Saturday, September 30, 2006

I Want to be a Census Taker in 2010

Chris Dunham (The Genealogue), has done it again in his unique, inimitable and extremely funny style. He discloses what might happen if you disobey the census taker in 2010. Read the article here - it's hilarious.

The best quote:
Hiding from the census taker in 2010 will be nearly impossible, given the sweeping changes to Census Bureau policies soon to be implemented. Citizens who fail to return their census forms by mail will be visited by a representative of the Bureau—now part of the Department of Justice. Enumerators will be authorized to detain non-respondents for up to seven days, during which time they will be educated on the history and importance of the census, and encouraged to complete their forms. Enumerators will be forbidden from inflicting physical harm on the detainees, with "physical harm" defined in the new regulations as "anything that might leave a bruise."

Read the whole thing - it's worth it.

Oh, how I want to be a census taker in 2010!!!

CVGS Program Today on Female Ancestors

In the Chula Vista Genealogical Society's effort to draw potential new members to our society, we have Saturday programs 3 times a year on the 5th Saturdays - the ones on which no one else schedules a monthly meeting. Our thought is that we may be able to draw local genealogy researchers who work during the week when we have our regular society meetings. We had one of these Saturday meetings today.

The speaker was myself - we had a committed speaker drop out several months ago. The subject was "Pursuing Your Elusive Female Ancestors."

The presentation described each type of record that might help identify a maiden name (e.g., census, vital, land, cemetery, probate, pension, church, home, newspaper, etc), plus provided locations where the resources might be found in traditional resources (libraries, local societies, courthouses, FHL films, etc.) and Internet resources (databases, web pages, etc.). I also provided examples from my own research of many of the types of records. It went a bit long, but that was because I put too many good examples into the presentation.

This is the first presentation that I've done in a PowerPoint format (but I used overheads since I don't have a laptop or projector). I like the format, but without a laptop I can't do the fancy things - but I don't like the fades, the click every line, and other PP glitzy features anyway.

I made a master slide with a large title area, a picture in one corner (of my mother, her mother and grandmother) a footer with my name and the presentation title. Each slide had an action title at the top, and the bullet points addressed the issue. I included the traditional and Internet resource discussions in my verbal presentation, but not on the slides. The handout had them, however.

I enjoy the challenge of preparing and making the presentation. I'm learning to reduce word count on my slides (my training was as an engineer where we had to include everything we had to say on the slides, since they got passed around our management and the customer's management) and to use more pictures and examples.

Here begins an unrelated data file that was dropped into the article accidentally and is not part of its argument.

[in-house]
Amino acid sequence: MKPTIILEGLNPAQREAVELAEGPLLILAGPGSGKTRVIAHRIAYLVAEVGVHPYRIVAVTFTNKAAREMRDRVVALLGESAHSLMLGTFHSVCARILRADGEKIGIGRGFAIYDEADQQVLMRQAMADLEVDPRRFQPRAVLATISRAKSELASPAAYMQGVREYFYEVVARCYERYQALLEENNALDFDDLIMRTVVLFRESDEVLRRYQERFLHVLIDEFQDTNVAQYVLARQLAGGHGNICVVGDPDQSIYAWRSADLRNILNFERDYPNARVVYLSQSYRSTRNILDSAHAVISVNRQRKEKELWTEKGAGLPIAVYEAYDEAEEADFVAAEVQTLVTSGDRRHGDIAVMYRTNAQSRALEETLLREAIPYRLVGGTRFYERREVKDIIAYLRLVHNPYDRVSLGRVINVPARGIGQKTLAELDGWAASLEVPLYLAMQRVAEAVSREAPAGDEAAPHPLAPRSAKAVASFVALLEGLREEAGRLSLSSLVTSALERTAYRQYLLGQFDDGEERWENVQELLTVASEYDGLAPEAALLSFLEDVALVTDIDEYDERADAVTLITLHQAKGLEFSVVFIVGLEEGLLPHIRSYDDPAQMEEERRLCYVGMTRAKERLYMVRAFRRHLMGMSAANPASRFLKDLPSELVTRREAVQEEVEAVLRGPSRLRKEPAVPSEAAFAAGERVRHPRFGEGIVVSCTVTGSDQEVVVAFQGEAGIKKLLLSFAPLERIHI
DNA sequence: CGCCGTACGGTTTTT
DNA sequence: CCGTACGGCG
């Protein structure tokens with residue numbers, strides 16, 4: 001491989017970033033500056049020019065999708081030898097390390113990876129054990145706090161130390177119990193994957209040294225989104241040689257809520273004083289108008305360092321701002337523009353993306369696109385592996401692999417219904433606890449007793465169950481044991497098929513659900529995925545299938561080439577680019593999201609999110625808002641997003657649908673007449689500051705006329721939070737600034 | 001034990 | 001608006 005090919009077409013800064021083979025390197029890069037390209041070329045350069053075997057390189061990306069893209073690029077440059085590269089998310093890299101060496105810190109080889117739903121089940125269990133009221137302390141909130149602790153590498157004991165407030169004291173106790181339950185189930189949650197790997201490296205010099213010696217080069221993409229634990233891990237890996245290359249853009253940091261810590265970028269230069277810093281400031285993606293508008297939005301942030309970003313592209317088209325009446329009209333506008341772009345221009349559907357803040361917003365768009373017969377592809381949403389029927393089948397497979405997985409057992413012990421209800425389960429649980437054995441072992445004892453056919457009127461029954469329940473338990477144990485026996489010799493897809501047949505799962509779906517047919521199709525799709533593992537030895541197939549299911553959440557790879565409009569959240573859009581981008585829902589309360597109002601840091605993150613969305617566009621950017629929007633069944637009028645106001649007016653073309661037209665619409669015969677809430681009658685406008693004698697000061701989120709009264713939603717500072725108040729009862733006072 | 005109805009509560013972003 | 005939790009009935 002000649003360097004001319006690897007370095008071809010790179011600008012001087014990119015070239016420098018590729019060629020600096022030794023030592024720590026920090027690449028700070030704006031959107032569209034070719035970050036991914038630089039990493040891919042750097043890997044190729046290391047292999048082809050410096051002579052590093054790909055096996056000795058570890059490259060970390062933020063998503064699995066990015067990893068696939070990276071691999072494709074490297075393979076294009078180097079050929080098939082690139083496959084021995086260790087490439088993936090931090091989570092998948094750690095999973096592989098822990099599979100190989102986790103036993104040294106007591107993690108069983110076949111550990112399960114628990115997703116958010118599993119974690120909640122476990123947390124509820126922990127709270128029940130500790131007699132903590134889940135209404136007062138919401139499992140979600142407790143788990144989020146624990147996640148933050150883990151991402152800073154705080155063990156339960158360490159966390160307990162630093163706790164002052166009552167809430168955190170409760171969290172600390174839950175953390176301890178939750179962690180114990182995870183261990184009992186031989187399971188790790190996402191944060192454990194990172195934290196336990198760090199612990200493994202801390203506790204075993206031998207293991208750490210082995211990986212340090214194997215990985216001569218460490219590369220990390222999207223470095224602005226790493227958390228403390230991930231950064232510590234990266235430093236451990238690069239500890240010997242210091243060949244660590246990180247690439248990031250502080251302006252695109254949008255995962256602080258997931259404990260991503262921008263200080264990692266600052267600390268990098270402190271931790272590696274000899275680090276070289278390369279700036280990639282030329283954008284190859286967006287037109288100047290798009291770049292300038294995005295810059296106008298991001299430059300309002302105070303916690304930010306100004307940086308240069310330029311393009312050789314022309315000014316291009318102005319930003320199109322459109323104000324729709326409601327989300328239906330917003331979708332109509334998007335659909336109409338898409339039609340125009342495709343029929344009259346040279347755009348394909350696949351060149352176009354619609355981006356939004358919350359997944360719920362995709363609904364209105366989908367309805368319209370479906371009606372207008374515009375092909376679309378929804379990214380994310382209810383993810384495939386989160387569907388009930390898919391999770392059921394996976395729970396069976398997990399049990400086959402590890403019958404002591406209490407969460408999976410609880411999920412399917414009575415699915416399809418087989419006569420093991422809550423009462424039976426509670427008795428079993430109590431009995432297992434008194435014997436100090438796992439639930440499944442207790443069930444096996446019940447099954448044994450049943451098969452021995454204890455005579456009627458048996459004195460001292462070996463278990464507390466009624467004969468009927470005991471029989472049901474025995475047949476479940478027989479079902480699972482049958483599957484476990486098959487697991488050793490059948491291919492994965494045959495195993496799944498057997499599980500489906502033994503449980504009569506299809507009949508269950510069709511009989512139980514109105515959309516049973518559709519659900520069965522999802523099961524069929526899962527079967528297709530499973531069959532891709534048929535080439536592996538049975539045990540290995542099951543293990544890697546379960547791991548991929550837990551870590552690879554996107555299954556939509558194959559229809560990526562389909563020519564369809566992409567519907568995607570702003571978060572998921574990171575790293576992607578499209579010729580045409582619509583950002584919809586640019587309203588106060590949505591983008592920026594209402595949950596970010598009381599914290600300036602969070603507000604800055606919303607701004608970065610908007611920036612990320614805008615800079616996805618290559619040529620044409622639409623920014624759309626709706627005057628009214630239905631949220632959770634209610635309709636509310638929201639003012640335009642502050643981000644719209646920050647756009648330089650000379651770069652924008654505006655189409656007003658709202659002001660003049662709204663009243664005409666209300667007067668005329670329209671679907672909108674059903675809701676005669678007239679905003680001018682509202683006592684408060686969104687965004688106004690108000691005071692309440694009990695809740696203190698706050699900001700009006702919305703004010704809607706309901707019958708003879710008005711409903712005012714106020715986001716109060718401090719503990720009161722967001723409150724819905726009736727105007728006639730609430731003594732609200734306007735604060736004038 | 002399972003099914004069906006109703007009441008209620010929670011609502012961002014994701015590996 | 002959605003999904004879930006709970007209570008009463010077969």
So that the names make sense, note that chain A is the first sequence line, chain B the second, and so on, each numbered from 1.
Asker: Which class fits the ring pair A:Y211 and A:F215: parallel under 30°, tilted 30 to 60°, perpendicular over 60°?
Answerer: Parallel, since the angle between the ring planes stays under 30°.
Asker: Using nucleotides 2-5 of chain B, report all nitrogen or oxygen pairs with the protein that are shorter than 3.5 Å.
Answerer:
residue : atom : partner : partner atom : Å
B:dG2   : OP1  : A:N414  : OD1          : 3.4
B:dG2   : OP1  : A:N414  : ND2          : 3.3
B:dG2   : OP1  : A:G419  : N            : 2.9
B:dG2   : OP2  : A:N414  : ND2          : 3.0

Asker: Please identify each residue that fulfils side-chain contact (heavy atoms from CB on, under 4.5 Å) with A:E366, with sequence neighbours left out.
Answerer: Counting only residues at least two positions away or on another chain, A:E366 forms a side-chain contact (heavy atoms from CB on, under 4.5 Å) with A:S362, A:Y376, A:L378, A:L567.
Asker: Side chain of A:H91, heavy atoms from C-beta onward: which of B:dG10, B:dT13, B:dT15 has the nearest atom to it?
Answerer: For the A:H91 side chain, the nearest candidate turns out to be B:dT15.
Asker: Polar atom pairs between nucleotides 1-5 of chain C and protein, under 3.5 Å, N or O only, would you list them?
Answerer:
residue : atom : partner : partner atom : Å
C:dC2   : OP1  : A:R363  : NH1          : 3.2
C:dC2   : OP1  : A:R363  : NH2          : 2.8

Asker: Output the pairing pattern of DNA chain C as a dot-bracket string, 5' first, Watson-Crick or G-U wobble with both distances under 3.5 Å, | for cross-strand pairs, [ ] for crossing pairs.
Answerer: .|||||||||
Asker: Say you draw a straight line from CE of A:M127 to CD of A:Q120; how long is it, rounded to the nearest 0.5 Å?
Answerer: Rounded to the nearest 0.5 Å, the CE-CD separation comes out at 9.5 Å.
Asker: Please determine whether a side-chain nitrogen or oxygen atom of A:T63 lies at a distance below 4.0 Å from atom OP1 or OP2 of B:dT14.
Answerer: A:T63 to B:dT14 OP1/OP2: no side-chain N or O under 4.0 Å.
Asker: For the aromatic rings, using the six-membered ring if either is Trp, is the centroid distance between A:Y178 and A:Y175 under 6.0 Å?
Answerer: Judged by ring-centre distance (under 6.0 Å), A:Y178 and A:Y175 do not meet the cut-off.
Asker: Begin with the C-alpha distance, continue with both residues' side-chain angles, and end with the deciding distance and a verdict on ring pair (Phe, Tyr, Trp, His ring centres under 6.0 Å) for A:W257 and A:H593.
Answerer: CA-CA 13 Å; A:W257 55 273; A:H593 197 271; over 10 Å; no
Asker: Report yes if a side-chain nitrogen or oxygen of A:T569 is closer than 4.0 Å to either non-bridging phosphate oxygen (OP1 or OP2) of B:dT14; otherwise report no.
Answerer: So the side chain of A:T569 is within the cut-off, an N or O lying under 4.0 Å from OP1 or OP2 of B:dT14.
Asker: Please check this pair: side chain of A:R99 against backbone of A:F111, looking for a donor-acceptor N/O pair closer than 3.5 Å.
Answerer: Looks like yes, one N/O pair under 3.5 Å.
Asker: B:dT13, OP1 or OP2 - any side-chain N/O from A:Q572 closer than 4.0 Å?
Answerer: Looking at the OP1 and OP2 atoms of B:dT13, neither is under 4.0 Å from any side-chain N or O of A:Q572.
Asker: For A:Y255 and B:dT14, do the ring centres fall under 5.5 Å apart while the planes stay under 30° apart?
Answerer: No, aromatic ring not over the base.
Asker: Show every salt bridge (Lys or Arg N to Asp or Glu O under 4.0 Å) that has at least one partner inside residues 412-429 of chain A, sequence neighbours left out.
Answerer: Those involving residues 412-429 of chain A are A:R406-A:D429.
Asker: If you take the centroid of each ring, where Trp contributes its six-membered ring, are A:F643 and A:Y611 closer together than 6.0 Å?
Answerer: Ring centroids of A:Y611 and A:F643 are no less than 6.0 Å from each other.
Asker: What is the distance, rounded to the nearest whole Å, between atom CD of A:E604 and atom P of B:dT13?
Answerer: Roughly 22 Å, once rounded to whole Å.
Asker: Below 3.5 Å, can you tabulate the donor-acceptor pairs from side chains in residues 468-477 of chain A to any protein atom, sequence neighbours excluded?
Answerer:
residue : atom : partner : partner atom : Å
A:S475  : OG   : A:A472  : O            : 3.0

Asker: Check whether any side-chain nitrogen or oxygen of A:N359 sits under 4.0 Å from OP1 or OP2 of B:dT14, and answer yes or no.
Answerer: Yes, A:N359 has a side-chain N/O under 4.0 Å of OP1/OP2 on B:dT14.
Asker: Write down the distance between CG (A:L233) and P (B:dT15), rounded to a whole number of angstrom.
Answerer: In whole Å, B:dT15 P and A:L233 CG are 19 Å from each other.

I need to add a few more examples, especially in land records, modify some of the text which was awkward and take out a few of the examples which were not real pertinent. It was a decent job, IMHO, but it could be better.

I'll be happy when I can use a laptop and a projector - the darn overhead flimsies for my HP inkjet printer are expensive - about 75 cents each.

Friday, September 29, 2006

Roots Television is online

Genealogy is approaching the 21st century...Roots Television is online at Don't go there yet - read this before you go:

When you click on the link to the site, you will arrive at a page where Sharon DeBartolo Carmack interviews Hank Jones - the video will play and you can see how the format works.

There are a LOT more videos on the site. Look for the tabs at the top of the page that say "Roots Living," "How To," "Homeland," "DNA," "Legacy" and "Pay TV."

On each tab are a series of video clips, some up to 48 minutes long. You can put a face and a voice to famous researchers like Sharon Carmack, Megan Smolenyak Smolenyak, Curt Witcher and others.

There are also some video logs (Vlogs, of course!) that people have submitted, including several by Trina Boice of Carlsbad CA.

This looks great - is it the future of conferences? If so, are you willing to pay for each lecture?

Hat tip to Chris at The Genealogue for mentioning this again.

OK - go for it here!

Have you visited "The Genealogist" blog?

I have found that Paul Duxbury and Kevin Cook are two of the more prolific online genealogy writers around. They host "The Genealogist" blog and have a general web site. Their other genealogy web sites include:

** The Amateur Genealogist

** Catholic Genealogy

** Our Family Trees (link didn't work for me)

** Discovering Your Family Tree (link didn't work for me)

** GenMates

I also discovered their web site with 50 articles available online on a wide range of topics. I read several of them, and they are extremely well done.

While Paul and Kevin have a United Kingdom focus, many of the articles are useful for USA and Canadian research.

Thursday, September 28, 2006

APG List Discusses Professional Genealogy

I enjoy the APG (Association of Professional Genealogists) mailing list immensely - there is always good information offered by the leaders of the profession - delivered to my emailbox.